Starting January, 2013, antideficiency laws that protect home loan borrowers from personal liability have been expanded to include a refinanced purchase money loan.
If a borrower refinances a loan used to buy a property in which he will live, he will no longer lose the legal protections given to purchase money loans.
If the refinanced loan pulls money out, the borrower will have personal liability only for the amount of the new loan that exceeds the amount necessary to retire the original loan, plus the transaction costs of the new loan.
Great, you say, but what does this really mean?
For first position home mortgages, the change isn’t terribly dramatic.
If the bank forecloses on the senior lien on your home, you don’t have to worry about personal liability. California’s one-action rule says that a creditor who forecloses gives up the right to sue the debtor for a deficiency.
That’s the rule whether the loan is purchase money or not, or whether the property is your home or an investment.
The expansion of non recourse status is a much bigger deal when applied to liens in second position on a property.
Suppose you bought your home with a senior loan for 80% of the property’s price, and a second loan for the balance of the purchase price.
Because that junior lien secures a purchase money mortgage, the antideficiency provisons of the law protect you from ever being sued for the loan balance.
Until this change, you lost that purchase money protection if you refinanced the loan for a better rate or better terms.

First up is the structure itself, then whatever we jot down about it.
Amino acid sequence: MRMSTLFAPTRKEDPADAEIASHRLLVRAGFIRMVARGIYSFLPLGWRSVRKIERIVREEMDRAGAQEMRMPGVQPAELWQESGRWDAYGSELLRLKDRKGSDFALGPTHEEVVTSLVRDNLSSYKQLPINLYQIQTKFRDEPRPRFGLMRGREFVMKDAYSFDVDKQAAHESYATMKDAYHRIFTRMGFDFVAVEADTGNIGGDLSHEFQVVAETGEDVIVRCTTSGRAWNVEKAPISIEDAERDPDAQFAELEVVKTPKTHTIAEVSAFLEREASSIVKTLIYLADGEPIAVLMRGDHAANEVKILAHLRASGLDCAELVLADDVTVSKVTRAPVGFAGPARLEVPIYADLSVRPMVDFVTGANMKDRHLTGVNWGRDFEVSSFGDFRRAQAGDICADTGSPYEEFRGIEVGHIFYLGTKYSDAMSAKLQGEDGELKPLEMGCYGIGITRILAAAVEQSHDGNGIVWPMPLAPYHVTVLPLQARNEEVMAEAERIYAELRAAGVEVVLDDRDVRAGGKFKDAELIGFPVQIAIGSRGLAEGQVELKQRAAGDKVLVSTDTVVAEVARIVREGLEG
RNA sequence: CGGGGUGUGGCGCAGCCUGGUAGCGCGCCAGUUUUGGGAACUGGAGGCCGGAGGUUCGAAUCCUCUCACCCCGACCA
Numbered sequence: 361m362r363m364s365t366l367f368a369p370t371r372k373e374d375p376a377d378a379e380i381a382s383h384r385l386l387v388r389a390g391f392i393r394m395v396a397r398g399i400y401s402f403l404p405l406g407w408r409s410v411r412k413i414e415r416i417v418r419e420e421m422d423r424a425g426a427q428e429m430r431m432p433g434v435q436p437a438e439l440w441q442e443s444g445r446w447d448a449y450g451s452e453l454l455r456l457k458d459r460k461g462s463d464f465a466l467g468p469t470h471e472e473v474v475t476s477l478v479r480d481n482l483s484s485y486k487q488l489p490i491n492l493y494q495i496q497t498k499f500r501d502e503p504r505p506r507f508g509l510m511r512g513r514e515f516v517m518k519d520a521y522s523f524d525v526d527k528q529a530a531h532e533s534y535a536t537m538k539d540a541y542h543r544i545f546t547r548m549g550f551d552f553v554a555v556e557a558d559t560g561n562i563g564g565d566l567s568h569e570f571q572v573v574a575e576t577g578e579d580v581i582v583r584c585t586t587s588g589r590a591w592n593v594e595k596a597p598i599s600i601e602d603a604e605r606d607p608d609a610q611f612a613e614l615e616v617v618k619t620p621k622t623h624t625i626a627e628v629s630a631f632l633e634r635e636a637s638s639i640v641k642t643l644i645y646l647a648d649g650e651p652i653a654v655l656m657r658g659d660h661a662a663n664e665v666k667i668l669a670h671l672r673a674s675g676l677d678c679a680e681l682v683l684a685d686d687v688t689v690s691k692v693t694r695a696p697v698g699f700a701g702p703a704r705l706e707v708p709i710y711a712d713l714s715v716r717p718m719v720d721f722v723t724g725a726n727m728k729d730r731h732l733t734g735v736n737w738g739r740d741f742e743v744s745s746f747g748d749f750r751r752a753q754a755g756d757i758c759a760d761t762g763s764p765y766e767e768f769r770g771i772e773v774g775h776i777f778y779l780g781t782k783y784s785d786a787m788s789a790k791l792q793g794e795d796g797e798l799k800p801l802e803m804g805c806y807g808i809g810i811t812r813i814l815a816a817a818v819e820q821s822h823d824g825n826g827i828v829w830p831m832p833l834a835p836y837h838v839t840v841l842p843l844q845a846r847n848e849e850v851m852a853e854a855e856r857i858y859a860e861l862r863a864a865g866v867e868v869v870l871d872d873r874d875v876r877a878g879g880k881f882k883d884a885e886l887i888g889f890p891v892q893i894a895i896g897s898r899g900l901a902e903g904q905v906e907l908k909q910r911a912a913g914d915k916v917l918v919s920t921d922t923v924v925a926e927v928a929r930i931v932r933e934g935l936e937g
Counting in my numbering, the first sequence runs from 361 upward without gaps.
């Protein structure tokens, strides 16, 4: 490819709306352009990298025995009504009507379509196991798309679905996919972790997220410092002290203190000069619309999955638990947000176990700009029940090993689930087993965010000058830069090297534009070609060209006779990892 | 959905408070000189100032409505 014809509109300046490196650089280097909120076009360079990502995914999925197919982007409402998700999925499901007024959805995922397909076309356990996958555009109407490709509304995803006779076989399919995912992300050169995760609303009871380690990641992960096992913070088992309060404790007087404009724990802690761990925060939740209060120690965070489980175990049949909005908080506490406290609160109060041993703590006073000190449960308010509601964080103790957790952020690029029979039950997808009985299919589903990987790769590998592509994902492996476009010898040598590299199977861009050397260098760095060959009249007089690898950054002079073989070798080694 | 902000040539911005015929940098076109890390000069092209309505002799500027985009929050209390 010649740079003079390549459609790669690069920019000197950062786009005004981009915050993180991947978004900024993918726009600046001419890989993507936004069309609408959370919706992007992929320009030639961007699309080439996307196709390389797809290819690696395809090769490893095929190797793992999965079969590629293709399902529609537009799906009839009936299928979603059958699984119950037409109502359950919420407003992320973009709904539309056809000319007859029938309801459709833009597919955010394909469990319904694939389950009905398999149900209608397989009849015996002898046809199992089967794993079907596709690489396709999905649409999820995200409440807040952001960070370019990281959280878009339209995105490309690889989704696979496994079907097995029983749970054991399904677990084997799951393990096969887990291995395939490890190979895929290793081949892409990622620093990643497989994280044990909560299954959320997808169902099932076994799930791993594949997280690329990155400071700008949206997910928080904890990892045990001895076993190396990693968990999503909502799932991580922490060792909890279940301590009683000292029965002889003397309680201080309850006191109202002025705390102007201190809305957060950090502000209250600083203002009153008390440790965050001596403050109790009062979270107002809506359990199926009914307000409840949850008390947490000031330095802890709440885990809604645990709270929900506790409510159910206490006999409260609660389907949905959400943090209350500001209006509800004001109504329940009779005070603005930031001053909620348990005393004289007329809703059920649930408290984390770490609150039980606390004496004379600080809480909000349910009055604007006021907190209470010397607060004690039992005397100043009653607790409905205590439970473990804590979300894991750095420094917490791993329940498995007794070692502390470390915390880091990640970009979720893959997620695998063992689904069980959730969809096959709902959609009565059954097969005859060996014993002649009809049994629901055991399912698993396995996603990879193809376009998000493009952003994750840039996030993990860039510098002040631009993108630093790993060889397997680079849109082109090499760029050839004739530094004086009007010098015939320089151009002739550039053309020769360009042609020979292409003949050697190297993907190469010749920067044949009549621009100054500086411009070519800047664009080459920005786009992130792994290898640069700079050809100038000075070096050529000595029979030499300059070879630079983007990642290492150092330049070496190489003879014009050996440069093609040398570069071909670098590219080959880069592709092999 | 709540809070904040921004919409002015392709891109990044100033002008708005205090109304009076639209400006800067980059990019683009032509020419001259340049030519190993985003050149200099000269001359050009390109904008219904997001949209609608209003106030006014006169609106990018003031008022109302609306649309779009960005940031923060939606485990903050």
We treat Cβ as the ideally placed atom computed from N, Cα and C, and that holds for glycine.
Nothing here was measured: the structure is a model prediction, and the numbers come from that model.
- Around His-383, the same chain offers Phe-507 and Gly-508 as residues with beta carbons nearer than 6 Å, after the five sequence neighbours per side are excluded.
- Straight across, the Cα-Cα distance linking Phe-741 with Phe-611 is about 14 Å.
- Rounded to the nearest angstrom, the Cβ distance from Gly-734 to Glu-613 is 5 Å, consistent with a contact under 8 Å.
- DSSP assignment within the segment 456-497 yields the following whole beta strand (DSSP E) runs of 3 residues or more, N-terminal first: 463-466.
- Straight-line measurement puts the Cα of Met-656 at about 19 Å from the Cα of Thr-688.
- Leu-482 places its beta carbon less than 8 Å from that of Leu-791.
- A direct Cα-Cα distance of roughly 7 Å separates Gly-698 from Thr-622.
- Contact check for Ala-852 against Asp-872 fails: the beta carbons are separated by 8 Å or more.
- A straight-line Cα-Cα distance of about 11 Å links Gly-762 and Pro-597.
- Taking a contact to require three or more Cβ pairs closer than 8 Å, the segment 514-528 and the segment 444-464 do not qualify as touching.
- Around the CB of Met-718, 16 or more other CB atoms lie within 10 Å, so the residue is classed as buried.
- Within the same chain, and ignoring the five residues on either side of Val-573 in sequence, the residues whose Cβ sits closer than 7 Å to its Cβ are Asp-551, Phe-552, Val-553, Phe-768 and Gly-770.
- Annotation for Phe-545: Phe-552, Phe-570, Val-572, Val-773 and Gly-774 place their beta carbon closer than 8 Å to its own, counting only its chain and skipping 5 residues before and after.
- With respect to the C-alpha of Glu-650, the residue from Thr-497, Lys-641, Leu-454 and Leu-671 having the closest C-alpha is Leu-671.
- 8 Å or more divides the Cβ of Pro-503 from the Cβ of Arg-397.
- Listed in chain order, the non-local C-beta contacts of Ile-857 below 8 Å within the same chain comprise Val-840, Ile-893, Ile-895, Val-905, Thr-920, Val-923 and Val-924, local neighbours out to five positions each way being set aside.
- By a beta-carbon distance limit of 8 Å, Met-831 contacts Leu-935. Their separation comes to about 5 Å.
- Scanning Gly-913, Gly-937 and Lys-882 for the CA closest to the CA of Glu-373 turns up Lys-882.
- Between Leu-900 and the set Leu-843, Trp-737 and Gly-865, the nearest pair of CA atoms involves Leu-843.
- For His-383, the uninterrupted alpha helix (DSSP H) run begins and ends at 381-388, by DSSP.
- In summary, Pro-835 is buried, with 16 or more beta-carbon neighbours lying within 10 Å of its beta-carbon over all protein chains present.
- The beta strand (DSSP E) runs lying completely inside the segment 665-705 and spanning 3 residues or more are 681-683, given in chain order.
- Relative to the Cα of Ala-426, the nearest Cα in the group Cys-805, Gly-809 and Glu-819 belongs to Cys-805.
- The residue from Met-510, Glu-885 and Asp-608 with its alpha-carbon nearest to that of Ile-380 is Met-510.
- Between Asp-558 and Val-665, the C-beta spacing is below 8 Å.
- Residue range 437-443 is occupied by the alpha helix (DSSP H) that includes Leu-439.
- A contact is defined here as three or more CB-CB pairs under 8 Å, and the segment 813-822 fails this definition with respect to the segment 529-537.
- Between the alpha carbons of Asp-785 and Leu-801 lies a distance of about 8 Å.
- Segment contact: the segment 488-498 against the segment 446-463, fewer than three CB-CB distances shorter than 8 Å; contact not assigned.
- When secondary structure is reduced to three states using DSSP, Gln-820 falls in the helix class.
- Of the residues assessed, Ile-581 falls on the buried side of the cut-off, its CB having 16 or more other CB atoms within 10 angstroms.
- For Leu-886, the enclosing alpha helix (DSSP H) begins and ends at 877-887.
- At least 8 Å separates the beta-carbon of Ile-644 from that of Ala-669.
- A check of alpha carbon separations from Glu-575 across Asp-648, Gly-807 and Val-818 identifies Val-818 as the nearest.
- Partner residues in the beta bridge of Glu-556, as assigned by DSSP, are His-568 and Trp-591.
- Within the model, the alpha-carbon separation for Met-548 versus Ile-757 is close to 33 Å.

If the senior loan foreclosed, and you had refinanced the purchase money second, you could be sued for the debt, your wages garnished and your bank accounts levied.
For loans made after January 1, 2013, the result changes.
The refinanced junior lien retains the non recourse protections. If there’s a foreclosure on the senior lien, your personal liability on the second position lien is only the amount of any cash out of the refinance.
Other benefits of change
The expansion of non recourse status will affect the tax consequences of foreclosure tied to the cancellation of debt.
If you have no personal liability for a loan, then a foreclosure or other forgiveness of that debt doesn’t alter your balance sheet. You didn’t owe the loan before the foreclosure; the cancellation of the debt via foreclosure doesn’t change your net worth.
Again, if you qualify for the federal safeharbor on cancellation of debt, and that law remains in effect, nothing changes. But state law doesn’t exactly parallel the federal law on home loan debt forgiveness. Either state or federal law may change.
Here’s the text of the newly amended California Code of Civil Procedure 580(b).
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